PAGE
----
images showing how cholesterol helps rduce inflammation in a blood vessel
  • LDL cholesterol risk has been exaggerated.
  • A high TC to high-density lipoprotein (HDL) ratio is the best predictor of cardiovascular risk.
  • Coronary artery disease is a chronic inflammatory disease.
  • Preventing the development of atherosclerosis is important but it is atherothrombosis that is the real killer.
  • Postmenopausal women with CHD, greater intake of saturated fat was associated with less progression of atherosclerosis whereas carbohydrate and polyunsaturated fat intake were associated with greater progression.
  • Coronary artery disease pathogenesis and treatment urgently requires a paradigm shift.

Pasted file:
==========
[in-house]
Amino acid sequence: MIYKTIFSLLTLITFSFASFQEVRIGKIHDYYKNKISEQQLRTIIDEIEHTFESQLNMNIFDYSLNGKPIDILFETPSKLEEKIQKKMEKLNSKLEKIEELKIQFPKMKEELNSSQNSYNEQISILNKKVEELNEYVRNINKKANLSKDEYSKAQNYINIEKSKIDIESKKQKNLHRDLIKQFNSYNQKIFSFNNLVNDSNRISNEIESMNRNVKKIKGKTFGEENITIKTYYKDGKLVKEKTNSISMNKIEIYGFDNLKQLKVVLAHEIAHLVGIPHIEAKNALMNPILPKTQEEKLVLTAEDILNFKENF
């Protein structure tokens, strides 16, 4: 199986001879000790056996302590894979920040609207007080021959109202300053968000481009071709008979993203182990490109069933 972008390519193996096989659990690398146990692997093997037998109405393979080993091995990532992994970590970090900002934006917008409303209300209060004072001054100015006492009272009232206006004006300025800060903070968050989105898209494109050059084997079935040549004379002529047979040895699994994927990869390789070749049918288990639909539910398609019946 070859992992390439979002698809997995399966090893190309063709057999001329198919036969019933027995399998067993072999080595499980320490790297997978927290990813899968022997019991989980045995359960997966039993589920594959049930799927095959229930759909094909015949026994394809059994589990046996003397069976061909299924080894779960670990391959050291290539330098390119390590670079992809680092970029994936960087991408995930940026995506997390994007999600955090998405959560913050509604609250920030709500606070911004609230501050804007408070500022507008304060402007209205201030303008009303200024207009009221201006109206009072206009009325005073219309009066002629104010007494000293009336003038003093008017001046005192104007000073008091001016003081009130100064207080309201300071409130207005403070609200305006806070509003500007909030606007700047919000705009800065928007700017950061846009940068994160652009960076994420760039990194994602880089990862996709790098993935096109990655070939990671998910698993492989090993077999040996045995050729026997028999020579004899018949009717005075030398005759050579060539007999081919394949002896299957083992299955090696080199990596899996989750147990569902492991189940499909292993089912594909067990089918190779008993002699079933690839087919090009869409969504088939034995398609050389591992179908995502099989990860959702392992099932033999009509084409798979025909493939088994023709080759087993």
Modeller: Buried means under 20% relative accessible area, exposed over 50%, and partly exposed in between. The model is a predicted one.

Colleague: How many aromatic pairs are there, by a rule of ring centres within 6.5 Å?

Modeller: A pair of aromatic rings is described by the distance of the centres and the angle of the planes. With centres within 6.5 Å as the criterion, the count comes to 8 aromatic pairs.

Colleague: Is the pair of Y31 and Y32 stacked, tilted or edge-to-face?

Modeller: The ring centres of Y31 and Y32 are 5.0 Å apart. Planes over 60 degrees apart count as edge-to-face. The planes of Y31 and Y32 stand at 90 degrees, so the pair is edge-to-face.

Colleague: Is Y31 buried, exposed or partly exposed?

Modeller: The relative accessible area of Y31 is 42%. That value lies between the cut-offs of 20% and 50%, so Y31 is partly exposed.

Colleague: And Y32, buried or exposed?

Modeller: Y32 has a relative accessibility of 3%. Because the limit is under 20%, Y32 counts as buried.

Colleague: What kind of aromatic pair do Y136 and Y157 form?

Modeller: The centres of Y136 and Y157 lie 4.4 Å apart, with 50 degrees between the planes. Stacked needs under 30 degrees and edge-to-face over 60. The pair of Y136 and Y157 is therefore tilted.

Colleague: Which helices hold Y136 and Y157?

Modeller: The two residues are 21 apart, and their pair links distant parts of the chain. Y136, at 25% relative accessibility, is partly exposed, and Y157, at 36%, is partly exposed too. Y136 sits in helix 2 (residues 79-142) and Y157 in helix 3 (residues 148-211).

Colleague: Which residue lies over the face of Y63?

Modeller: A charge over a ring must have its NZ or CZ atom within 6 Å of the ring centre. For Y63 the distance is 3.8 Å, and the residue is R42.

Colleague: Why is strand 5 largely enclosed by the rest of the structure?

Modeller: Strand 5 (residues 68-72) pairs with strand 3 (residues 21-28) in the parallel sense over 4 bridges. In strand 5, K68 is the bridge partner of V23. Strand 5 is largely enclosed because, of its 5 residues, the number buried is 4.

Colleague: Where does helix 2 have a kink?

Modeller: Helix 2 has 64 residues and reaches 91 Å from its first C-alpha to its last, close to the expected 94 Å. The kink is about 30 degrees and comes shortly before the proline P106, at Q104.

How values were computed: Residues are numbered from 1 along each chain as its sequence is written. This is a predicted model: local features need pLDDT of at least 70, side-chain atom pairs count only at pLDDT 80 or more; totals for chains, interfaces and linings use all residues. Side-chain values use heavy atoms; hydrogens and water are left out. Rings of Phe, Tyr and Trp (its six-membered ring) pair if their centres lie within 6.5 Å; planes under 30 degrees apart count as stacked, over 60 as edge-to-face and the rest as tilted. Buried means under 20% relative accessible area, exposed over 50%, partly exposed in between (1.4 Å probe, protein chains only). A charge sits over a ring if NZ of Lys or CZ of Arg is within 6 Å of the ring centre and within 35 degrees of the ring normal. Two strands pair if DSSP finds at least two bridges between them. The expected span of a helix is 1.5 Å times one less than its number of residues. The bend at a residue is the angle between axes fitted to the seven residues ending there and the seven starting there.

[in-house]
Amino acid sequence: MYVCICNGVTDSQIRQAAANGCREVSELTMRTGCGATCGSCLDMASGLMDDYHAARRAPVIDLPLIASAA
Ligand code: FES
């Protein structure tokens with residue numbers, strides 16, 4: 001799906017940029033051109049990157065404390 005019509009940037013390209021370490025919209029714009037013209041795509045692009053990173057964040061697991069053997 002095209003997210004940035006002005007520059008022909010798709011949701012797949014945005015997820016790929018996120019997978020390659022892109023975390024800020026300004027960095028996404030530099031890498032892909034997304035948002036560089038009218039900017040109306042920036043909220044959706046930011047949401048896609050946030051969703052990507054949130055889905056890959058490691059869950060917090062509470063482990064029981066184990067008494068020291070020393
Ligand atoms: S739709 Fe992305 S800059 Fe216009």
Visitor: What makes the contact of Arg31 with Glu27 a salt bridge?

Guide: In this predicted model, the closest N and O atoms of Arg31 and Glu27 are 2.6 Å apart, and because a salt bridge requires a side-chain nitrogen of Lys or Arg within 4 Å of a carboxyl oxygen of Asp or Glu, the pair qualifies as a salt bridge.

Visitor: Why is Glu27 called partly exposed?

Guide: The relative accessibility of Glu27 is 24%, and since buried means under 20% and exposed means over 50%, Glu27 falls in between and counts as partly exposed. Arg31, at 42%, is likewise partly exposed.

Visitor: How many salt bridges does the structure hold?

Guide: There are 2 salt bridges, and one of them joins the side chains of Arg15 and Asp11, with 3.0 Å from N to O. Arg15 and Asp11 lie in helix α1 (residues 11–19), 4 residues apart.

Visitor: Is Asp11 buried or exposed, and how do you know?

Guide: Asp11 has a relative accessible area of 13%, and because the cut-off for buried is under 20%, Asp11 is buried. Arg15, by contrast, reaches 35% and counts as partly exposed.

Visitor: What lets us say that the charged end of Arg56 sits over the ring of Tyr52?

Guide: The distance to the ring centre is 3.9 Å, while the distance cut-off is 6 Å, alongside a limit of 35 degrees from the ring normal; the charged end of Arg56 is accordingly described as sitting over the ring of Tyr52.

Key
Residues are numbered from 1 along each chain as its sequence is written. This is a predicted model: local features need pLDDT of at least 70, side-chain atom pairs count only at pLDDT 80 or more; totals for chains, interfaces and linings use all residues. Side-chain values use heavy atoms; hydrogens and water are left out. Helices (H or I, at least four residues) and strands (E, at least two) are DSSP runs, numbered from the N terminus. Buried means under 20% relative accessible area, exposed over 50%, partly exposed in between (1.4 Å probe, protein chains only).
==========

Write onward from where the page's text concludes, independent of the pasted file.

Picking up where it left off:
What Does Cholesterol Do In Our Body?

Diagram to show the blood cells going through a blood vessel
  1. Cholesterol is required by almost every cell in our bodies. It is so vital we are able to manufacture it. Cholesterol is predominantly made by your liver. Cholesterol is so vital we manufacture the bulk of the body’s requirements.
  2. Cholesterol is the structure which is the base of all our sex hormones, bile acid and Vitamin D is made from. Cholesterol maintains cell walls, allows cellular communication and transportation of substances.
  3. Cholesterol aids the body in fighting infection. When there is an infection present in the body, HDL goes down because it is used to fight the toxins, and this may be one of the reasons why cholesterol is found at the site of inflammation. But this is not to say that cholesterol is to blame for the inflammation, in fact, it could be the opposite, it is present to calm the inflammation.